I’ve always struggled to fit in. Truth be told, I didn’t want to. I had my own agenda from the time I was a kid and I thought I new it all and that the goal was to meet the goal as quickly as possible. I dealt with a lot of loss, a lot of abuse, a lot of being taken advantage of very early on in my life so the walls came up and anyone who didn’t want to play the game clearly had designs on using me. I never learned the social cues of working with people because I was the one who always ended up doing the assignment anyway. If it was supposed to be a certain way, that is what we needed to do and I kept the ship right on course—for everyone. After a time, that became the expectation: we can do whatever we want and screw it up beyond repair and Elizabeth will fix it. It’s exhausting.
As I work through the journey of self-discovery and leadership, I’m learning a lot and it is humbling. It isn’t about pulling the reins all the time. It’s about maintaining course while allowing the other influences to shape and mold the course. That’s a really fine line to walk at times. I have a really soft heart and I have employees who genuinely have been taken advantage of and they need a lot of love. But I swung too far and allowed them too much space to the point work wasn’t getting done—I was left holding the bag again. I found myself angry and the old rigidity, not far under the surface, reared its ugly head. We needed some course correction, that is true, but I didn’t see how it impacted the team.
I care a lot and I am highly sensitive. I take a lot personally and I feel even more is a reflection of me. I can’t control how people perceive me, no one can, but it still mattered to me what people thought especially when they thought I wasn’t doing my job. Working like mad to get multiple teams stood up, doing it alone because no one else knew how to do it, but being told I wasn’t working because I wasn’t on the other projects nearly broke me. I wanted nothing to do with my team then. I was SO hurt and it left me unable to do parts of my job because I no longer knew what to do. Even worse, the team all started having lunch together and leaving me out, not even inviting me and I felt like that little kid again, being left alone to do the work while they all had fun.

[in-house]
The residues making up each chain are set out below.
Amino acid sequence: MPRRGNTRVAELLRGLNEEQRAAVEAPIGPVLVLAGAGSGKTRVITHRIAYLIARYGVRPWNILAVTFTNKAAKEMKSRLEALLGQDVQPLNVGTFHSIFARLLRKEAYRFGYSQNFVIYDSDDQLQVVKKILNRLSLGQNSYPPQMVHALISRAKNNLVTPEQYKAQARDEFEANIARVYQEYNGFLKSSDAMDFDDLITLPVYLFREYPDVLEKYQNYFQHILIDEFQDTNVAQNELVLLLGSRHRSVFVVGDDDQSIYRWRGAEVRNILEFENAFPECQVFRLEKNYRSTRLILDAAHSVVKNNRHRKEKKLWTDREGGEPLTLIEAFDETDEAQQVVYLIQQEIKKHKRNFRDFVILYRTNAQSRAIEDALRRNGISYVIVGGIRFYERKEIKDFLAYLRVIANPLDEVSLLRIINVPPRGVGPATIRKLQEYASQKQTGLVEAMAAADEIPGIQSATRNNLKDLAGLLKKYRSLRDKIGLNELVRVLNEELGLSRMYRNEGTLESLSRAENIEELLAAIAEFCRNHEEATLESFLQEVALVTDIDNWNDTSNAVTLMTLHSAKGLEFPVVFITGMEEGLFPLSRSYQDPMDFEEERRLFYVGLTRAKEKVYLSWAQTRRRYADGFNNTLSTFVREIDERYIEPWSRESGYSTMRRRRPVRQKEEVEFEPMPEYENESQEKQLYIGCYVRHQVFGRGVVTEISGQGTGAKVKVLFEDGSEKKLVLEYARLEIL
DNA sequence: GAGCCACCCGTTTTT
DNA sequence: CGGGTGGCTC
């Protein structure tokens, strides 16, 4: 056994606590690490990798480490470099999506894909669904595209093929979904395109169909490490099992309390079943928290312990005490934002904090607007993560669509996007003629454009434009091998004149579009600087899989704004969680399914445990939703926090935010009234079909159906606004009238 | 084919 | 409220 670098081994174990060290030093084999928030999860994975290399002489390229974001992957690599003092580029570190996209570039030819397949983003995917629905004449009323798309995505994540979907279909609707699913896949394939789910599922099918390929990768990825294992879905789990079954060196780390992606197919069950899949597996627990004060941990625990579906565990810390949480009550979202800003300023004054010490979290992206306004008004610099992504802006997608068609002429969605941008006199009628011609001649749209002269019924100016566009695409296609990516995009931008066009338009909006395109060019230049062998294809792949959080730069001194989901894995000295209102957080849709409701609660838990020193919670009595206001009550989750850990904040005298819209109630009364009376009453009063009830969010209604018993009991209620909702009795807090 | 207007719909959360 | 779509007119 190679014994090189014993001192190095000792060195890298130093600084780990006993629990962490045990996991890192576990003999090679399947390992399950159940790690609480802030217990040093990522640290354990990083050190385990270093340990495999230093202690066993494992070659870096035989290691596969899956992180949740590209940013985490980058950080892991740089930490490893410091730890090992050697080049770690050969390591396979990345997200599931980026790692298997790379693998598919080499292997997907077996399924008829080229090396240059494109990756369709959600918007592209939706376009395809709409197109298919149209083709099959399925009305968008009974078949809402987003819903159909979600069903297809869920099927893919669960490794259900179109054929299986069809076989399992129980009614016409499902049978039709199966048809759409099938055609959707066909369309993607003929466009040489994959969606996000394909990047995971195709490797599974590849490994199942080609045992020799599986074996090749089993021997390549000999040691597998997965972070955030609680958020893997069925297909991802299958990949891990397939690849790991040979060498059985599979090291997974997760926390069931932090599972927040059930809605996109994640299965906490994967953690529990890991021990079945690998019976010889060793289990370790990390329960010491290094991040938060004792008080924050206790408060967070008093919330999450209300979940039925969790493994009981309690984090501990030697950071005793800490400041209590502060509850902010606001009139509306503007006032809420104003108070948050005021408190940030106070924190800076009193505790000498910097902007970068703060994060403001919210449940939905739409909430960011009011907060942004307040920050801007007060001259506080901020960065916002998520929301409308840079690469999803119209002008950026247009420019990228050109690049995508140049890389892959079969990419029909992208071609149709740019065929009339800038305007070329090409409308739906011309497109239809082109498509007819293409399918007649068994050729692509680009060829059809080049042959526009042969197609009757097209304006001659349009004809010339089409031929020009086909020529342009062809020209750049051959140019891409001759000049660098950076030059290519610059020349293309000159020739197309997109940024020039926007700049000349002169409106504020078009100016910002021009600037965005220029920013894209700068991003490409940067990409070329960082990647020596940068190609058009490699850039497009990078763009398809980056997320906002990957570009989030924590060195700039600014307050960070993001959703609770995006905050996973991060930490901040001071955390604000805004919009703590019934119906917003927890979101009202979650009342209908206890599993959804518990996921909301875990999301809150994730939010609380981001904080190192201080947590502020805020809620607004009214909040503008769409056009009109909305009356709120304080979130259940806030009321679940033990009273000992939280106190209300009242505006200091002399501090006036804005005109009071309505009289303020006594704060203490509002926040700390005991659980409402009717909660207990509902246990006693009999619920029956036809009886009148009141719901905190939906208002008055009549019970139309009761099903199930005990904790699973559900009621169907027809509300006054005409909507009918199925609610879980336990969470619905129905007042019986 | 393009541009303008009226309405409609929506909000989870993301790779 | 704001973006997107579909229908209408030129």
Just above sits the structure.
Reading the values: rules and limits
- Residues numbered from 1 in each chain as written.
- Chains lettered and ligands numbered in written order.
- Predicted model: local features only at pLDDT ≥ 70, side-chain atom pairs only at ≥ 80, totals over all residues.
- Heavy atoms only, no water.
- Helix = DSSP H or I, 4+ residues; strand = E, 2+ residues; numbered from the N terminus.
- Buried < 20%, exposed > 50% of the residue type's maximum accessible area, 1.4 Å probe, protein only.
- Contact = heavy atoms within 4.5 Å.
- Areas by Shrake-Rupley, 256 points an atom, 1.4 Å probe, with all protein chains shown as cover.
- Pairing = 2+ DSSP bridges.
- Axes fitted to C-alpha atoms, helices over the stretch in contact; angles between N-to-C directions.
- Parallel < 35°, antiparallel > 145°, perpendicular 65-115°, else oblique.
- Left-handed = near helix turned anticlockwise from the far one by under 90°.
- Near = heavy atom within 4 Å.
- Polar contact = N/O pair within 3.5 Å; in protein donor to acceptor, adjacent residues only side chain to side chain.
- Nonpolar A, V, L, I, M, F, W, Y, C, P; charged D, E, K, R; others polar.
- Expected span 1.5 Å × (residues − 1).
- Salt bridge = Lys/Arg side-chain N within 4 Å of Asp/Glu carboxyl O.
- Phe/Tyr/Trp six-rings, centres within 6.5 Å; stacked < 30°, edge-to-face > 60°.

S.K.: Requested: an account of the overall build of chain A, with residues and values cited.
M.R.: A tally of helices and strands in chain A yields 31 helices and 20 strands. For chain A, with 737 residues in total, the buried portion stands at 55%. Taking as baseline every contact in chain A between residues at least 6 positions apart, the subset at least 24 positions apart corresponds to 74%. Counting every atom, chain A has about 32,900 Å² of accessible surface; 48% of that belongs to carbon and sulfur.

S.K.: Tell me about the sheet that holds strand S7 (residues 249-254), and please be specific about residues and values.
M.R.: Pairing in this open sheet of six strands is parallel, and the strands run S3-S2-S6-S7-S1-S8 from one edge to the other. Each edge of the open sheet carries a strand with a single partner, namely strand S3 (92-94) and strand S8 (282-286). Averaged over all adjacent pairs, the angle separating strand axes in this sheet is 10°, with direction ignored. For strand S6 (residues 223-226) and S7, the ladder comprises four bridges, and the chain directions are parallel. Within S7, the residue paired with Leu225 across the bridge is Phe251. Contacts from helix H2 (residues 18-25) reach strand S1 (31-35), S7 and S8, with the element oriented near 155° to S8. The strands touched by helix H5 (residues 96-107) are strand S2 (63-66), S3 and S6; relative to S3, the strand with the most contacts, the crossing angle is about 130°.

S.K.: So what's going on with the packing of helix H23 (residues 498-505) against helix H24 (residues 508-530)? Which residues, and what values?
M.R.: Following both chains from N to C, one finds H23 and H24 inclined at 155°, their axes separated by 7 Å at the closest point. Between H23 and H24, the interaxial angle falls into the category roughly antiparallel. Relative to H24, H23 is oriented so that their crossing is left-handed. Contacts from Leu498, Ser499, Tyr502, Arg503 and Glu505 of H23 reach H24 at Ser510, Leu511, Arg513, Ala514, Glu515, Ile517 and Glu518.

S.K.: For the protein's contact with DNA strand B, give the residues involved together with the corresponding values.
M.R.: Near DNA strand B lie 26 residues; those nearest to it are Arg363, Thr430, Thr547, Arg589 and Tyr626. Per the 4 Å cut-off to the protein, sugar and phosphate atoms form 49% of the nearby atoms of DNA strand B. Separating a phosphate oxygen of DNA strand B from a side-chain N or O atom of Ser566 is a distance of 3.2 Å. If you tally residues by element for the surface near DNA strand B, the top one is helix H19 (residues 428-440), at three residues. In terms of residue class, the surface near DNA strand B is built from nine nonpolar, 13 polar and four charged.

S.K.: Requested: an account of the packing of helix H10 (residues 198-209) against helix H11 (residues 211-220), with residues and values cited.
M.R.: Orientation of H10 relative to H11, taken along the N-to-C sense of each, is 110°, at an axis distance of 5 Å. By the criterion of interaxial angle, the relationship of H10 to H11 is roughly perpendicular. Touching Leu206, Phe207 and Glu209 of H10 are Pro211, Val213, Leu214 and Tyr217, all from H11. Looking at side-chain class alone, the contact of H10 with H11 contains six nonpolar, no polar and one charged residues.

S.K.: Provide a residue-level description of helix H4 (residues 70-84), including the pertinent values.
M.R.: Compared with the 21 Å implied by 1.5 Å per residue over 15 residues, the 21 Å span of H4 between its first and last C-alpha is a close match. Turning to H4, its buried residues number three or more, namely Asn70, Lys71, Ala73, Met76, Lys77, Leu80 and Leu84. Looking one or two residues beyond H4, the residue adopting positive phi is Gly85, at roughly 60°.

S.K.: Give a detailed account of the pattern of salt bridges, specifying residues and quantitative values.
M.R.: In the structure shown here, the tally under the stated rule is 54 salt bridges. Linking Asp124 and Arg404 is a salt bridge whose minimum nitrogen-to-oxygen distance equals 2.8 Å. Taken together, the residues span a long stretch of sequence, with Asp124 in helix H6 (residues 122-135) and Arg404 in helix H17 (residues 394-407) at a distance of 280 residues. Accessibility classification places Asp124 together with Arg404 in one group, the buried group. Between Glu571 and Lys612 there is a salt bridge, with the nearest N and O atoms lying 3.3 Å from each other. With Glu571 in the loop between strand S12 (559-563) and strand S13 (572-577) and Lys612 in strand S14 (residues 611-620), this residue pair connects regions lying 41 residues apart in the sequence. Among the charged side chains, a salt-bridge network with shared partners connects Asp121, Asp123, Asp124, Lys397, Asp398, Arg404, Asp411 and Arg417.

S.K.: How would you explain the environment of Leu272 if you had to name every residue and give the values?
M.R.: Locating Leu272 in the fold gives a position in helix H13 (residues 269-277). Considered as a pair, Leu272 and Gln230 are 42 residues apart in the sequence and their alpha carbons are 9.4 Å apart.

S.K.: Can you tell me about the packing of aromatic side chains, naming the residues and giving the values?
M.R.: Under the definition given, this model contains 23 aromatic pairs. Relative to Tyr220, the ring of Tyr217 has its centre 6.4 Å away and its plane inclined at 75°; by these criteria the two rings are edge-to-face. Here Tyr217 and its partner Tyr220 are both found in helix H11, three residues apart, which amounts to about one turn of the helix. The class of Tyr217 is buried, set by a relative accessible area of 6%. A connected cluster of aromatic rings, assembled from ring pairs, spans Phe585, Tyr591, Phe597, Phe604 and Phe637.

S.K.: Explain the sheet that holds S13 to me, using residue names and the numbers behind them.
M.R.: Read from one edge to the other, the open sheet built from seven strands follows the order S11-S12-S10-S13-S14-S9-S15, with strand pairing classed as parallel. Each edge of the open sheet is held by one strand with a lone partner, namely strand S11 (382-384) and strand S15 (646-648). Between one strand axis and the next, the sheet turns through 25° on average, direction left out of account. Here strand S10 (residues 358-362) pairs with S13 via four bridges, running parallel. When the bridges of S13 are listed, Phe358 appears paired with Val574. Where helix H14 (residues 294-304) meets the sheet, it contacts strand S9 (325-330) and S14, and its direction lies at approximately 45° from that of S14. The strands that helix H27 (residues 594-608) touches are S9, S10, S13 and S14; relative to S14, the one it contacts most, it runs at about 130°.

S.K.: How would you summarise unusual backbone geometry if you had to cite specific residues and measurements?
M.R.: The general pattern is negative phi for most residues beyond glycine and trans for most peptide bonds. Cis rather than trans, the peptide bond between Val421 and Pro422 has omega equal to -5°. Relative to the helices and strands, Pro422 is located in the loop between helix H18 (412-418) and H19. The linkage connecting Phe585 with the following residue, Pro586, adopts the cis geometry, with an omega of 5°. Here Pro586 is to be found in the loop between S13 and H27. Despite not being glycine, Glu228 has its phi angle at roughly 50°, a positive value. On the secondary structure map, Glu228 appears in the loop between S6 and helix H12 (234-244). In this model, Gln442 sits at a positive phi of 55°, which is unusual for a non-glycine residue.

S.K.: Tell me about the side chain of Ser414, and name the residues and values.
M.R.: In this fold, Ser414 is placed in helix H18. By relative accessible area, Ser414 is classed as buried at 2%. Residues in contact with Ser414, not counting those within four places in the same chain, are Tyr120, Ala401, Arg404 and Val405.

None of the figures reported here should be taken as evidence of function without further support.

But after a while, I managed to get my teams up and running (they understood where I was coming from and they started pulling their weight) and my boss actually told me she never expected that type of turn around and she was really happy. She saw the effort. For me, it wasn’t about the recognition of getting the work done—it was about understanding what actually had to be done to get there. It was about seeing the shit show I was given and how I had to wade out of that while the rest of them were already on a silver platter. Once things calmed down, my boss asked one day if I would eat with them. I accepted. I stayed quiet most of the time and there were still things that didn’t sit right with me, but I sat back and listened.
My boss made a comment about being happy I started eating lunch with them and learning more about them. if I’m honest the ego still rears its head and I feel like I am owed an apology—which in most cases, I do think people would agree. But I’m learning there comes a time to let things go and this is probably one of them. It feels good to know someone actually understands what is going on because, again, this wasn’t about accolades or praise—this was about understanding and being seen for what was really happening. All we need is to be understood. Sometimes that isn’t about continuing to scream our stories—it’s about joining in and listening and finding a connection. Sometimes if the path isn’t winding the way you want it to, you need to follow it any way. Allow it to change you a bit. Then you can end up in the place you were meant to be.